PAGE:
Ending The Reformulated Gas Mandate
November 5, 1999
The 1990 amendments to the federal Clean Air Act created the reformulated gasoline (RFG) program, designed to reduce ozone in smog. It requires the addition of so-called oxygenates in nearly a third of all gasoline sold in the United States.
Recent concerns about groundwater contamination by methyl tertiary butyl ether (MTBE), the most widely used oxygenate, have led California to order a phaseout of MTBE. However, if the oxygen content requirement is retained, the likely replacement will be ethanol.
But neither MBTE nor ethanol is very useful in reducing air pollution. Both a 1999 National Research Council Report entitled "Ozone Forming Potential of Reformulated Gasoline," and the Environmental Protection Agency's recently released "Report of the Blue Ribbon Panel on Oxygenates in Gasoline," noted the benefits of eliminating the oxygenates mandate.
- The Blue Ribbon Panel Report, released in September 1998 concluded that MTBE use should be reduced due to public health concerns -- although it found no actual evidence of a public health threat.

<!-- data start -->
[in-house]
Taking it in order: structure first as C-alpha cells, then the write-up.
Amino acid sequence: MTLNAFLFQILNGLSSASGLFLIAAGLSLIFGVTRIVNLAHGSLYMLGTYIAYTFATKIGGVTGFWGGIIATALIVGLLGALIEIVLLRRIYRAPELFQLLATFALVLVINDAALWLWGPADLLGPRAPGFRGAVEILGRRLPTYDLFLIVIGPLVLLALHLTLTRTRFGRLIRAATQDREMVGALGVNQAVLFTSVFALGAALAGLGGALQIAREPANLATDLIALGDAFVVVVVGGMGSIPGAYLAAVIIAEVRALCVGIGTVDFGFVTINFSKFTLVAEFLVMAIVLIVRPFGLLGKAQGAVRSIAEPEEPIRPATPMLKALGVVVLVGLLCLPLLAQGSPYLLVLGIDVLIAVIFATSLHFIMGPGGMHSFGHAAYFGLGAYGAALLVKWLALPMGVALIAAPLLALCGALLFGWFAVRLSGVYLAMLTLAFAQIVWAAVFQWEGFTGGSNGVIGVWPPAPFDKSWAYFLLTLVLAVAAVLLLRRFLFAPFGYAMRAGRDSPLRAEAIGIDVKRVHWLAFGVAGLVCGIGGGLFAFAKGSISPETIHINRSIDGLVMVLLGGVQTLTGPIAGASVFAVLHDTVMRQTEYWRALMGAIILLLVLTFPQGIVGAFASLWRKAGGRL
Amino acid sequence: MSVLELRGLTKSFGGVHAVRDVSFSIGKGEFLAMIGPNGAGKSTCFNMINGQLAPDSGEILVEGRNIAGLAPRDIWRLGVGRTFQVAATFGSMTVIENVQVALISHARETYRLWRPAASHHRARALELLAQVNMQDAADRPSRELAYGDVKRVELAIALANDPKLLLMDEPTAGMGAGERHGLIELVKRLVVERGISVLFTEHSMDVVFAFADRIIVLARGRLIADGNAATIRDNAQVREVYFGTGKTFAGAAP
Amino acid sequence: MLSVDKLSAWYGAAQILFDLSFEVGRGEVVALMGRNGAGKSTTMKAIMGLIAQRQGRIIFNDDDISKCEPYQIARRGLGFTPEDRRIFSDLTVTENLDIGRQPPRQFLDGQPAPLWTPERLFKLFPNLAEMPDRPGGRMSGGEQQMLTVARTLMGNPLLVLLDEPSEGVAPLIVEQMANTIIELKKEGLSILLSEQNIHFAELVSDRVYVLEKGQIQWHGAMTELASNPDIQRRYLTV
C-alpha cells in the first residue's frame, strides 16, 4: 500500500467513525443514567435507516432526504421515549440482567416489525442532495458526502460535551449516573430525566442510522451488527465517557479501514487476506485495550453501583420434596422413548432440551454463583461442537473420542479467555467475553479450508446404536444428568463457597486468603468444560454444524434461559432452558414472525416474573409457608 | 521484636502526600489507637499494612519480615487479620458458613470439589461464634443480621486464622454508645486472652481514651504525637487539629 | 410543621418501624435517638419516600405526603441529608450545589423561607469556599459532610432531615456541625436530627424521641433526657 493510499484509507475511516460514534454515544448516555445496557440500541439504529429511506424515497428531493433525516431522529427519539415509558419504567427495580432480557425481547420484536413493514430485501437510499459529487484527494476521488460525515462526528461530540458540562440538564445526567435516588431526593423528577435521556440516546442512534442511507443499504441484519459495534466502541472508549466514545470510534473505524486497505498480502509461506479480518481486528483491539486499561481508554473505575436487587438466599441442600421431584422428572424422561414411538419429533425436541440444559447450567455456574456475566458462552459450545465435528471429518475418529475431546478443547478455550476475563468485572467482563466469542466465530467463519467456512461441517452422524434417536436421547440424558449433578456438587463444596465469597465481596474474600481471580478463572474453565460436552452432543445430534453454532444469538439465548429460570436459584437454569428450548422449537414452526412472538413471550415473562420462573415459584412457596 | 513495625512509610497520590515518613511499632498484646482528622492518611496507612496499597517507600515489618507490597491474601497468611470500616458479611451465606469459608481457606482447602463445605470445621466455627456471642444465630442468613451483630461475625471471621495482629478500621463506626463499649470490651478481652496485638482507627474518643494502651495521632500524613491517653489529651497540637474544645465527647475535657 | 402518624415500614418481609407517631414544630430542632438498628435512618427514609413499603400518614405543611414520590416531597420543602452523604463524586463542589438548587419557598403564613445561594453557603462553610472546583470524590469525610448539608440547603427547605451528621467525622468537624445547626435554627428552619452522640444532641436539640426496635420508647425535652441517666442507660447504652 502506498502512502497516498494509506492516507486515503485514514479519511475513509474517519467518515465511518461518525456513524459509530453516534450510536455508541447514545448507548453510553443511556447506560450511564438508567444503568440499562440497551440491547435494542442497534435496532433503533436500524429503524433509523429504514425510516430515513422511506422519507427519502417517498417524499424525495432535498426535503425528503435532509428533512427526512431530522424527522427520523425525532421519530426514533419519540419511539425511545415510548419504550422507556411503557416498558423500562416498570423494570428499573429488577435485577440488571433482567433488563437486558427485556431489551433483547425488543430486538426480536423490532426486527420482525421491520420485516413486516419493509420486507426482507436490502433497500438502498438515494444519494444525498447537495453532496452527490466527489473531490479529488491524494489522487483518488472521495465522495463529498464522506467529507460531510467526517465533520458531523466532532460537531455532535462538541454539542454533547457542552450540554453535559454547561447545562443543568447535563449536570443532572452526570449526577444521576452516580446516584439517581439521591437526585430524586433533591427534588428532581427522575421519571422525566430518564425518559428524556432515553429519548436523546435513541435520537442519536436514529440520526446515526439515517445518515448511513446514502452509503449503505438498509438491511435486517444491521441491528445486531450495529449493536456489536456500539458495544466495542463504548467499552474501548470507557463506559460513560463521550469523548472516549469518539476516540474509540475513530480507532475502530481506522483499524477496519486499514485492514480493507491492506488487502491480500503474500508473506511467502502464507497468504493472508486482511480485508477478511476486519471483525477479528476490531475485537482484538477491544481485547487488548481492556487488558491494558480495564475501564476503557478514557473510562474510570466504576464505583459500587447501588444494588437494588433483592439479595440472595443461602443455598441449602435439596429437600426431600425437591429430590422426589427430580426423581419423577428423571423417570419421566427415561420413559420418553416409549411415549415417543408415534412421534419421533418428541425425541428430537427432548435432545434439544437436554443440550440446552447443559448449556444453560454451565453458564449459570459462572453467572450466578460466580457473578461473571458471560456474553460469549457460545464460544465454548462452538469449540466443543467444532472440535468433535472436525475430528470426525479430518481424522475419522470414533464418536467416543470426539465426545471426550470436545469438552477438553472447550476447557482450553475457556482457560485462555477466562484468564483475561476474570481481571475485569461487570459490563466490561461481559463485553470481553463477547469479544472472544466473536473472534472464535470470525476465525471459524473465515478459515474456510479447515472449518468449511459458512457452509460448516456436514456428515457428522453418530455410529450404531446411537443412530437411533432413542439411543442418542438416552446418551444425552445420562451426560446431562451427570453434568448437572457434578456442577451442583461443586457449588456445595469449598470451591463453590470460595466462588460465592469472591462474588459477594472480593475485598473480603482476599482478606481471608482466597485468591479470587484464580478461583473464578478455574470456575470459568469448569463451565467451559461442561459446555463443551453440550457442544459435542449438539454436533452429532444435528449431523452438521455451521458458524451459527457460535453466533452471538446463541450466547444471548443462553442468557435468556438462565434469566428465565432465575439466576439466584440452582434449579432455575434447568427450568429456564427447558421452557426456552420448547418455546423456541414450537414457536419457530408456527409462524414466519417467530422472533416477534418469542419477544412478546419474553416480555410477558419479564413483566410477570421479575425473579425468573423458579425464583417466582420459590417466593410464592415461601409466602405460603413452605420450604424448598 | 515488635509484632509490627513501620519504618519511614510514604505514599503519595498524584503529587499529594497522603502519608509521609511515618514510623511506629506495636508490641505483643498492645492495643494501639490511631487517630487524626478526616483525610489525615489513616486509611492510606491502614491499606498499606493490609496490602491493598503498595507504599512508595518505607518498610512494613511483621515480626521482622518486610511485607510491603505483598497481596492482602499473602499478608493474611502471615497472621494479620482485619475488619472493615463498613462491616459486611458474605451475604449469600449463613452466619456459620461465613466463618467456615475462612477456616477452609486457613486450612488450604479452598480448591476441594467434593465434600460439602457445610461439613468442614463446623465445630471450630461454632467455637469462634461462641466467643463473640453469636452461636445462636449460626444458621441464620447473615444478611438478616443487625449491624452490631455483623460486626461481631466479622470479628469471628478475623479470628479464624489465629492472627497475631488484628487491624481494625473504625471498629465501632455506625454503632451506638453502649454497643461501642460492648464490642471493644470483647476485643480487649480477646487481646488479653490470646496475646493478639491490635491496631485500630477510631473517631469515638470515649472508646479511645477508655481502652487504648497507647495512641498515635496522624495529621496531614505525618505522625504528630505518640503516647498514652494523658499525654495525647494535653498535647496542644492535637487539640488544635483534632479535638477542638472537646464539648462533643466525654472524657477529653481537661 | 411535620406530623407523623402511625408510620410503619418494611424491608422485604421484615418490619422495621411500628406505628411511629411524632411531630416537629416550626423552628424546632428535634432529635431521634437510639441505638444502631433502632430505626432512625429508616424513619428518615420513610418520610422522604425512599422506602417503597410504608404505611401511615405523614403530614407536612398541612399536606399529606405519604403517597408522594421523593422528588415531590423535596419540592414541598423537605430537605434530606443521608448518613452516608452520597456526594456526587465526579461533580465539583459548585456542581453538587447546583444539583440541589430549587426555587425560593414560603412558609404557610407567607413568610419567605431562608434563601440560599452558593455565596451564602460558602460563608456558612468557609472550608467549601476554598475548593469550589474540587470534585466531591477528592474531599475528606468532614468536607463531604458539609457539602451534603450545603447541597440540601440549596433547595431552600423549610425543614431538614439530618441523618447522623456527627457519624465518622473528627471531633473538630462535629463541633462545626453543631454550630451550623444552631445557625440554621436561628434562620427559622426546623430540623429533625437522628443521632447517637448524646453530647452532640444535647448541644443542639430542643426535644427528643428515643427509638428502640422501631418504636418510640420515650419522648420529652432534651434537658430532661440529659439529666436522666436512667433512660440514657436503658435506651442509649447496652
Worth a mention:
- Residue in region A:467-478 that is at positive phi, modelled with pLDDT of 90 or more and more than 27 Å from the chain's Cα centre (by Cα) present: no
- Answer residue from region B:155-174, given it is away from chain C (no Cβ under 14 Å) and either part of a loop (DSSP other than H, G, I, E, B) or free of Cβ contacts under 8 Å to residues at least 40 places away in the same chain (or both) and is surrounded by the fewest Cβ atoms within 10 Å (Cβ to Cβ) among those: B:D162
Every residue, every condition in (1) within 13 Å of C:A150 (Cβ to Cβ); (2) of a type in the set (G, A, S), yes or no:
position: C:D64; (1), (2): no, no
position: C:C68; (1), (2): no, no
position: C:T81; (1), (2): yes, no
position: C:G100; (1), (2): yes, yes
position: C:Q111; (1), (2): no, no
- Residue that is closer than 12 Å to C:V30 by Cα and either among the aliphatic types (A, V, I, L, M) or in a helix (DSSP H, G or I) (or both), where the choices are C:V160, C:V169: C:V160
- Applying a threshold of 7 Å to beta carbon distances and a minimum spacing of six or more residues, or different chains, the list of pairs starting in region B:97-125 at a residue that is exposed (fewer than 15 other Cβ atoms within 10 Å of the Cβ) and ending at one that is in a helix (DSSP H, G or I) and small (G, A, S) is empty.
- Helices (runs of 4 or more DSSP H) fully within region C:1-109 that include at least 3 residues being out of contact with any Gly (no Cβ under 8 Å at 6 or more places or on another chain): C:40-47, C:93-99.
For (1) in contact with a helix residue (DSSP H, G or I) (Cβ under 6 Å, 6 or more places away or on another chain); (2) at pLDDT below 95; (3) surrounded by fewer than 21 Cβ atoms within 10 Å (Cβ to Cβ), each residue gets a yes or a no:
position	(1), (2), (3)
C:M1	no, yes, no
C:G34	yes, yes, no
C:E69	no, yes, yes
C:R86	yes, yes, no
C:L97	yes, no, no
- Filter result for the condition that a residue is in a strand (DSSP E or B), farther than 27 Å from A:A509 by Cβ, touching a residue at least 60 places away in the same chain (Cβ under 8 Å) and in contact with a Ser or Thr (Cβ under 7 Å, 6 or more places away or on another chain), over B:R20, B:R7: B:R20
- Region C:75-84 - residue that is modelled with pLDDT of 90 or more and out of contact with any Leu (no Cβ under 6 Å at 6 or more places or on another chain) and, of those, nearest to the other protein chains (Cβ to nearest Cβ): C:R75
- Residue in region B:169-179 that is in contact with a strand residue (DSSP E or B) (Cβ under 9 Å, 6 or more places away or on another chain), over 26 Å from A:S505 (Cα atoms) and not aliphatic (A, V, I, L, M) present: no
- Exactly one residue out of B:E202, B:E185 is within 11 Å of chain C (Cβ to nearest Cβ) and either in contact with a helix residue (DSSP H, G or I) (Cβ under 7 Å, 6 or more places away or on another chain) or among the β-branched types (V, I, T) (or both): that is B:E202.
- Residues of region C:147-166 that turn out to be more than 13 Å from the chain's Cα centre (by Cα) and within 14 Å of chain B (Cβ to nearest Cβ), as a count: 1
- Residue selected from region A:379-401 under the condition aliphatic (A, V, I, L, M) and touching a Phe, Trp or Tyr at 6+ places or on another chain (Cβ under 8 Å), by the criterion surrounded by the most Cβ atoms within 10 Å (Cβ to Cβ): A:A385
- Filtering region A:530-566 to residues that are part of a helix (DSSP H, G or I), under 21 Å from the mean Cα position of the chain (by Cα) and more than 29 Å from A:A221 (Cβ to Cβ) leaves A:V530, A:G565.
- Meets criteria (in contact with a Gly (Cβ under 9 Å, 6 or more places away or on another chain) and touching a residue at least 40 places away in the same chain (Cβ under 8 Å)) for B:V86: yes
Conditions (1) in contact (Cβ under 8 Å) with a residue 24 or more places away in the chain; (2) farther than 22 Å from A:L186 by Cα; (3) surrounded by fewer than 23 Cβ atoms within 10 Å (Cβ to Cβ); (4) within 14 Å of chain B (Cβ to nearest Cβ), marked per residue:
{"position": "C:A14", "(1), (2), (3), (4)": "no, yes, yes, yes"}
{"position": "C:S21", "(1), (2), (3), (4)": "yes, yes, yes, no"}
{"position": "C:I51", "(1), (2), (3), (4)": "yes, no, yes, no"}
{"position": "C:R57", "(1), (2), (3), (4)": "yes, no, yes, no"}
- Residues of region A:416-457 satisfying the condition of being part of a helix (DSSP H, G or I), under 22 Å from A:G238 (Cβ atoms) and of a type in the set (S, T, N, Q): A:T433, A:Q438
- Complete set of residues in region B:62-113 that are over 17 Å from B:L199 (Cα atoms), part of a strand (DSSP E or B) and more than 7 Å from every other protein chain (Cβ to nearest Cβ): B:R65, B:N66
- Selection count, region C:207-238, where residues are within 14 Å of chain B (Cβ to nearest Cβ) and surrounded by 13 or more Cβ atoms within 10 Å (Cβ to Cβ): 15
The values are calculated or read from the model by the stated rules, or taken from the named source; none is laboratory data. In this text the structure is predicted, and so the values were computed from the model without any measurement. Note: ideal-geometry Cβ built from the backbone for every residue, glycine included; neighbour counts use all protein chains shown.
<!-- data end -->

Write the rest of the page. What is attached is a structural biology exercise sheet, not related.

- However, the Blue Ribbon Panel Report also called for the elimination of the oxygenates mandate.
- The NRC Report concluded that "the use of commonly available oxygenates in RFG has little impact on improving ozone air quality and has some disadvantages."
- Specifically, it said, "the addition of MTBE or ethanol appears to have only a small effect on the exhaust emissions of RFGs."
If the oxygenates requirement were eliminated, refiners would have the flexibility to meet the emissions standards required of RFG without being tied to a minimum MTBE or ethanol content, and most believe this challenge can be met. And Sen. Dianne Feinstein (D-Calif.) has proposed legislation that would essentially eliminate the oxygenates mandate for all the states.
Source: Ben Lieberman, "Running On MTBE: Closing The Pumps On The Oxygen Content Requirement ," CEI On Point, No. 50, October 29, 1999, Competitive Enterprise Institute, 1001 Connecticut Avenue, N.W., Suite 1250, Washington, D.C. 20036, (202) 331-1010.
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